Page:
English Grammar Tutorials

  • Preface & Content
  • Letter, Word, Sentence
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  • Punctuation
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  • Simple Conjugate
  • Chapter 14. Punctuation (Cont'd...)


    14.1 Comma (cont'd...)

    (vi) To make an ellipsis (omission) of the same kind;
    To err is human, and to forgive, divine.

    (vii) Before or after a reported speech:
    Ram said, “I shall not go to school today”.
    “I shall not go there”, said Rahim.

    (viii) Before or after the case of address:
    I am quite warm, Caroline, I assure you.
    Friends, listen to me.
    I ask you gentleman, to consider my case to elect me as the M.P.
    “Friends, Roman, countrymen, lend me your ears.”

    (ix) Before and after the words, phrases or clauses.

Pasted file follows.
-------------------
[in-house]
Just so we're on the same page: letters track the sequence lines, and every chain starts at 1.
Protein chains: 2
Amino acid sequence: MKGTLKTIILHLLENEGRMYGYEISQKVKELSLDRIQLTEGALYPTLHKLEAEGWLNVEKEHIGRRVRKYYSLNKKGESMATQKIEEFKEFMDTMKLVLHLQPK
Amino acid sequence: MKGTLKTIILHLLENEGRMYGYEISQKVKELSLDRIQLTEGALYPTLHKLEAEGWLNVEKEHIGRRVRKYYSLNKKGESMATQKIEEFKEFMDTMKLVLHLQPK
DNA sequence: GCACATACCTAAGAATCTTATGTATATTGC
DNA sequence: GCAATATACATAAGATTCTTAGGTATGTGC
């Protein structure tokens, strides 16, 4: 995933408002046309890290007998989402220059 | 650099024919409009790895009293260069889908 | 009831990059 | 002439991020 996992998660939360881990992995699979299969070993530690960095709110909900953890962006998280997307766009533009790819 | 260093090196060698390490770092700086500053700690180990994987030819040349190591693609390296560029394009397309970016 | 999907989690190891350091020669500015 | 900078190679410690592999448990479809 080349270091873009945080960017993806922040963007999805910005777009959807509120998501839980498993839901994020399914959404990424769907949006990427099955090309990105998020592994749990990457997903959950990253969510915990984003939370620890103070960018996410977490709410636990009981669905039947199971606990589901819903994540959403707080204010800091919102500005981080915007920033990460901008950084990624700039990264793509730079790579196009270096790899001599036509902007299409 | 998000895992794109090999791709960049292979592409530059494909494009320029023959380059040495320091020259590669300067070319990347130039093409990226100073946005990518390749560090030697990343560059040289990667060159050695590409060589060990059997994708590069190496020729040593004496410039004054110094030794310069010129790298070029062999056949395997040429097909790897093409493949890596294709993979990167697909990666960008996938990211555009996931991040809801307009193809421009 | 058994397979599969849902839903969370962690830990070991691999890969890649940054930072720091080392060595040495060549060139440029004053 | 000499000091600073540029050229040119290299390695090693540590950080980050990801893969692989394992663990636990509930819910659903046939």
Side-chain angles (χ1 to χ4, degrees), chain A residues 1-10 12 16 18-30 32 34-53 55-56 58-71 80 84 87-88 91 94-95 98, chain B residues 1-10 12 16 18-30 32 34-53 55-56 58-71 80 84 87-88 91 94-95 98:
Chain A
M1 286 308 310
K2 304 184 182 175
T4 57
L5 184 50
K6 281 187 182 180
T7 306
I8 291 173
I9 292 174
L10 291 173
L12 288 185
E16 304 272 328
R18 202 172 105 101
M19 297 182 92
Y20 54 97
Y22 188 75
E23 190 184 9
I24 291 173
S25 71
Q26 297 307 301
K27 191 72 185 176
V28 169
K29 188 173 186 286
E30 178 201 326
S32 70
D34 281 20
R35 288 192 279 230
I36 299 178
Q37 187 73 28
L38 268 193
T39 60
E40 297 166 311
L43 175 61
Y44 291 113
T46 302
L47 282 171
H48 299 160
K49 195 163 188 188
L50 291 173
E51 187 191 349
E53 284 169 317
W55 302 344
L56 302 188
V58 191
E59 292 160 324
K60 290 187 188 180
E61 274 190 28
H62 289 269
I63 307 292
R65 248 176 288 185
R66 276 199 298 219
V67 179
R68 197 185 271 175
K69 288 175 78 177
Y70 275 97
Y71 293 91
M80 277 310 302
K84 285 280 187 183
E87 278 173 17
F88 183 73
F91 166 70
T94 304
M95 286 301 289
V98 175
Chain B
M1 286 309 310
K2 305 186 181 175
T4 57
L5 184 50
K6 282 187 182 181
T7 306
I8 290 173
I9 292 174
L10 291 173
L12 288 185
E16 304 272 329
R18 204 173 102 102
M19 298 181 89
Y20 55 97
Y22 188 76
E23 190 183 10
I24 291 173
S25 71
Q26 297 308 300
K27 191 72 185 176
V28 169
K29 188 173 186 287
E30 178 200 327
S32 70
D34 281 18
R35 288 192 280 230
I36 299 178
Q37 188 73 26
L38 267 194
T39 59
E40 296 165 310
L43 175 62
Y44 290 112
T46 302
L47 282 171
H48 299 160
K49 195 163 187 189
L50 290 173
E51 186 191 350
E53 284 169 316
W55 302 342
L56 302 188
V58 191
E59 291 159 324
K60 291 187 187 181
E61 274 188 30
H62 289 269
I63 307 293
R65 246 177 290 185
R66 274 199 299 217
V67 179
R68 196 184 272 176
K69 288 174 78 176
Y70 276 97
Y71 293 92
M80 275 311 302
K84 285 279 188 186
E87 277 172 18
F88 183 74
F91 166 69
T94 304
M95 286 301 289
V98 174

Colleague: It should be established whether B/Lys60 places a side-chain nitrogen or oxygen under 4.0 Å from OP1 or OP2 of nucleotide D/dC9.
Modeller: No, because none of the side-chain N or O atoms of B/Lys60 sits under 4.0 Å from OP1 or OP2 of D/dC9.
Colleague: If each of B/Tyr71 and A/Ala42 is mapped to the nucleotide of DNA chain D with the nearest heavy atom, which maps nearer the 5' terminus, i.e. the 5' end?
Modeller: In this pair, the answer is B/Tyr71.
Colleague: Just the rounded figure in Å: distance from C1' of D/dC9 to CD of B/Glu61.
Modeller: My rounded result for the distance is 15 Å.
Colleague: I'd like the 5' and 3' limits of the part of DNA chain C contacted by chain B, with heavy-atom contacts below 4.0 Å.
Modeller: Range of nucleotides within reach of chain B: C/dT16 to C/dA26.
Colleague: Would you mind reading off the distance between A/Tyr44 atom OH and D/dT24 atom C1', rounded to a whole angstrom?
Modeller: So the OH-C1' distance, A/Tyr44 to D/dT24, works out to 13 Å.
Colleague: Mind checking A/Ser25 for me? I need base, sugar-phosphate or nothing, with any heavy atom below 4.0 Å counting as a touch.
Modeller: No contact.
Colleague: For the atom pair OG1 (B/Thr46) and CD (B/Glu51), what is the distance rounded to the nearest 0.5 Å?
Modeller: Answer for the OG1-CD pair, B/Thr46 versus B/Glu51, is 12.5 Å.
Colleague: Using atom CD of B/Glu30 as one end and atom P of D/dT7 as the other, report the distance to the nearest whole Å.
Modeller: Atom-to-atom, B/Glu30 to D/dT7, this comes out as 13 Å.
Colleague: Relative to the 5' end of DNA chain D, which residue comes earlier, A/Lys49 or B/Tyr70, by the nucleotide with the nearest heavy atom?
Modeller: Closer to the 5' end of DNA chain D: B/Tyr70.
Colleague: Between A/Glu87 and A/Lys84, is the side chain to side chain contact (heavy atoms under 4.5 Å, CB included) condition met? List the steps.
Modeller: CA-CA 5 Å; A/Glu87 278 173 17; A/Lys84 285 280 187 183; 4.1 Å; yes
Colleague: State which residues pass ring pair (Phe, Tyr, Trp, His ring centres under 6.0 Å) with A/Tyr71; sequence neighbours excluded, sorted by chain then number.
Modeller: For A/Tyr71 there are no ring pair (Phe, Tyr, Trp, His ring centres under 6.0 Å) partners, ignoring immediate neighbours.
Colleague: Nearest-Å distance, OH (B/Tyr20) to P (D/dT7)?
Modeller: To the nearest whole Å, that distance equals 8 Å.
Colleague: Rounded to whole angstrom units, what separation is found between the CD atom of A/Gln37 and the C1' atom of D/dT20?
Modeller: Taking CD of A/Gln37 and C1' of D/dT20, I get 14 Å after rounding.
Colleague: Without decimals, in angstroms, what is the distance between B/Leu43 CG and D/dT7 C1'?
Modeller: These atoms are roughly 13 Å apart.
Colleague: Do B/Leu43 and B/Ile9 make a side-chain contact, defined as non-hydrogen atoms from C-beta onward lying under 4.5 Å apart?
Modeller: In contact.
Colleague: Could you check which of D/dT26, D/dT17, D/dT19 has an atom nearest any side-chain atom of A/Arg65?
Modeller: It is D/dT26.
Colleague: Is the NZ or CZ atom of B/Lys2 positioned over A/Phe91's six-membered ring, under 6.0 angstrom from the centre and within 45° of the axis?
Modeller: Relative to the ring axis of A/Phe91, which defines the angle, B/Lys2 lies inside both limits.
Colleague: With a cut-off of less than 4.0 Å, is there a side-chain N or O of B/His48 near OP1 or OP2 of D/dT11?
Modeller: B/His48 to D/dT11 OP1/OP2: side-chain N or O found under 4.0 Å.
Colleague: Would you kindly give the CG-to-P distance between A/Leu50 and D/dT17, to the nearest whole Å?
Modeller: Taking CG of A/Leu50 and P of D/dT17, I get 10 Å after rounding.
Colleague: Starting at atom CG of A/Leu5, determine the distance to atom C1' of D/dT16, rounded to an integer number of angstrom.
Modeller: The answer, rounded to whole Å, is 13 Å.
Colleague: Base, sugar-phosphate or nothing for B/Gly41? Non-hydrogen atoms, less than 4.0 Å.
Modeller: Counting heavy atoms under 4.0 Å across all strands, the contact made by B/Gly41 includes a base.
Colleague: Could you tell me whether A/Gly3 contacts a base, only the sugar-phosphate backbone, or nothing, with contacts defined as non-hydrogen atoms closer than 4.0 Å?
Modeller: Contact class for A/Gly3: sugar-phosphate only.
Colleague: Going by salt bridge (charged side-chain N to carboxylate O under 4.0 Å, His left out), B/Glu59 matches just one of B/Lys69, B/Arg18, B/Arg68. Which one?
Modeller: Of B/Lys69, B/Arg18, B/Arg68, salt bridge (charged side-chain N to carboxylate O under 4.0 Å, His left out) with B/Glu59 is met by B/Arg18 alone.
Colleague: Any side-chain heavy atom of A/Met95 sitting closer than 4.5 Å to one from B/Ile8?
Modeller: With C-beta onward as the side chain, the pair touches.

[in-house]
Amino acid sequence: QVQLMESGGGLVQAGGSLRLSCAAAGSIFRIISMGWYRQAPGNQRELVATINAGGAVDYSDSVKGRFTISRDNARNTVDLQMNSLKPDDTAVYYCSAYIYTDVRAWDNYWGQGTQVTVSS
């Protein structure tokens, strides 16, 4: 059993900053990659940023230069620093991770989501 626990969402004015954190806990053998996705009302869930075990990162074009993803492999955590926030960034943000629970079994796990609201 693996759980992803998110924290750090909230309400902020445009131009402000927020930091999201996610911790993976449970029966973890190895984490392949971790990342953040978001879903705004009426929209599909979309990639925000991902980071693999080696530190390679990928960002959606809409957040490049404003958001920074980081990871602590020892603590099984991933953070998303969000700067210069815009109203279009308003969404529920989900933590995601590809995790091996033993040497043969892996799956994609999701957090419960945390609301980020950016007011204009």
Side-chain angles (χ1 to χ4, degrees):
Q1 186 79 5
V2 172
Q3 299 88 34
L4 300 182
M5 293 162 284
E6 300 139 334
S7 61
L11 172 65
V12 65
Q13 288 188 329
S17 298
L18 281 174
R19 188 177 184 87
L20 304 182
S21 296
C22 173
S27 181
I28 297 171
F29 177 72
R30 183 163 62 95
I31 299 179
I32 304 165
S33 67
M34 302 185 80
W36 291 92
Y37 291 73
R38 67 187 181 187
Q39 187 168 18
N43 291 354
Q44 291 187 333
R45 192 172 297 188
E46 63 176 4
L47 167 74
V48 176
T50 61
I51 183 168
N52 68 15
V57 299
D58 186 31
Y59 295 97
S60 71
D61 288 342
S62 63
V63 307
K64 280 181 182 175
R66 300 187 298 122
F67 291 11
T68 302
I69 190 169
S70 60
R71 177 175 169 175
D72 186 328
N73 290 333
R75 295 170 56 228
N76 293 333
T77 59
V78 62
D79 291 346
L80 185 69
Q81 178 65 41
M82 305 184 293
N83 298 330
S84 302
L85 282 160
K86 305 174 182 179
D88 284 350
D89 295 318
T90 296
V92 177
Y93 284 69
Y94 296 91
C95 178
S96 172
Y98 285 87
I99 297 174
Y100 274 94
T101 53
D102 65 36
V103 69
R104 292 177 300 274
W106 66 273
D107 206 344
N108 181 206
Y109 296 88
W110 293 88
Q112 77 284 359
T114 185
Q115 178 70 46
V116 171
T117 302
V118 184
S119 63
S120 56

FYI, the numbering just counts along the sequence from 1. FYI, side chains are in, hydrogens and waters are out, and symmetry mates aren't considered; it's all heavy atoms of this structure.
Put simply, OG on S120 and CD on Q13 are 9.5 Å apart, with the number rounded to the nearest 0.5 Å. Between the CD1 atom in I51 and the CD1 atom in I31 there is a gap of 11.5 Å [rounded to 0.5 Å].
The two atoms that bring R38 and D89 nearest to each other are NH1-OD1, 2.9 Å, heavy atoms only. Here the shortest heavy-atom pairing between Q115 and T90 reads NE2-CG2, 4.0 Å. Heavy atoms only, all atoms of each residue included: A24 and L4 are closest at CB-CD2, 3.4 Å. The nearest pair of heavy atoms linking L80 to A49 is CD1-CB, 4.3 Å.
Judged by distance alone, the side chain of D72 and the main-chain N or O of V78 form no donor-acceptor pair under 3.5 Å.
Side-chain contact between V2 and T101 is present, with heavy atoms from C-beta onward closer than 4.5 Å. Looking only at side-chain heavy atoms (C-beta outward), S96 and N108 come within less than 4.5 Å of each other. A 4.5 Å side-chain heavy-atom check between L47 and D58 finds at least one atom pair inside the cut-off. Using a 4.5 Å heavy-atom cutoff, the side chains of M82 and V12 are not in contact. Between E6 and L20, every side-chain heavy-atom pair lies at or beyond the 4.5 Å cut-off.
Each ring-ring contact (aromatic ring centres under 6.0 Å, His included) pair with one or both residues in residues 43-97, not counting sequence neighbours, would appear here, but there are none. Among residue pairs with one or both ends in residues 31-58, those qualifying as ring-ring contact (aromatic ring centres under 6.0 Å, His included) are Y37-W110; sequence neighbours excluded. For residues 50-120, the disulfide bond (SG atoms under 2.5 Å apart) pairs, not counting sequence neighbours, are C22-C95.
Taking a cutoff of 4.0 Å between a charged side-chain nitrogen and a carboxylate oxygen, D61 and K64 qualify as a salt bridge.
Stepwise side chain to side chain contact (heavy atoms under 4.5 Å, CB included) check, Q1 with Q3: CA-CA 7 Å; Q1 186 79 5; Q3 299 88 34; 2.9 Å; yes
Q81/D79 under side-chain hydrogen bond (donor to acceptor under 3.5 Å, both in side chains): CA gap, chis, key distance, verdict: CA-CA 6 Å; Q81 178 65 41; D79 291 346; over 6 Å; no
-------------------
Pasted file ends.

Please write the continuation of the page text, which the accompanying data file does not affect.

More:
I shall not however, want to miss you.
    A snake, 4 feet long, was caught by the snake charmer.
    His work, to say the least , is not admissible.
    Example, as proverb says, is the sincerest form of precept.

    (x) To mark off adverbial phrases or clauses, and also participial phrases that
    might be expanded into clauses.
    The prisoner, having been convicted of the crime of which he was accused,
    must make up his mind to suffer the penalty.
    Disappointed of the prize, he left the place.

    But when the participle qualifies the noun as an adjective, the comma should not be used.

    I saw a dog lying asleep on the street.

    (xi) Before and after gerundial infinitives used in an explanatory or parenthetical sense.
    I am, to tell the truth, unable to help you.
    To sum up, the man was convicted of several charges.

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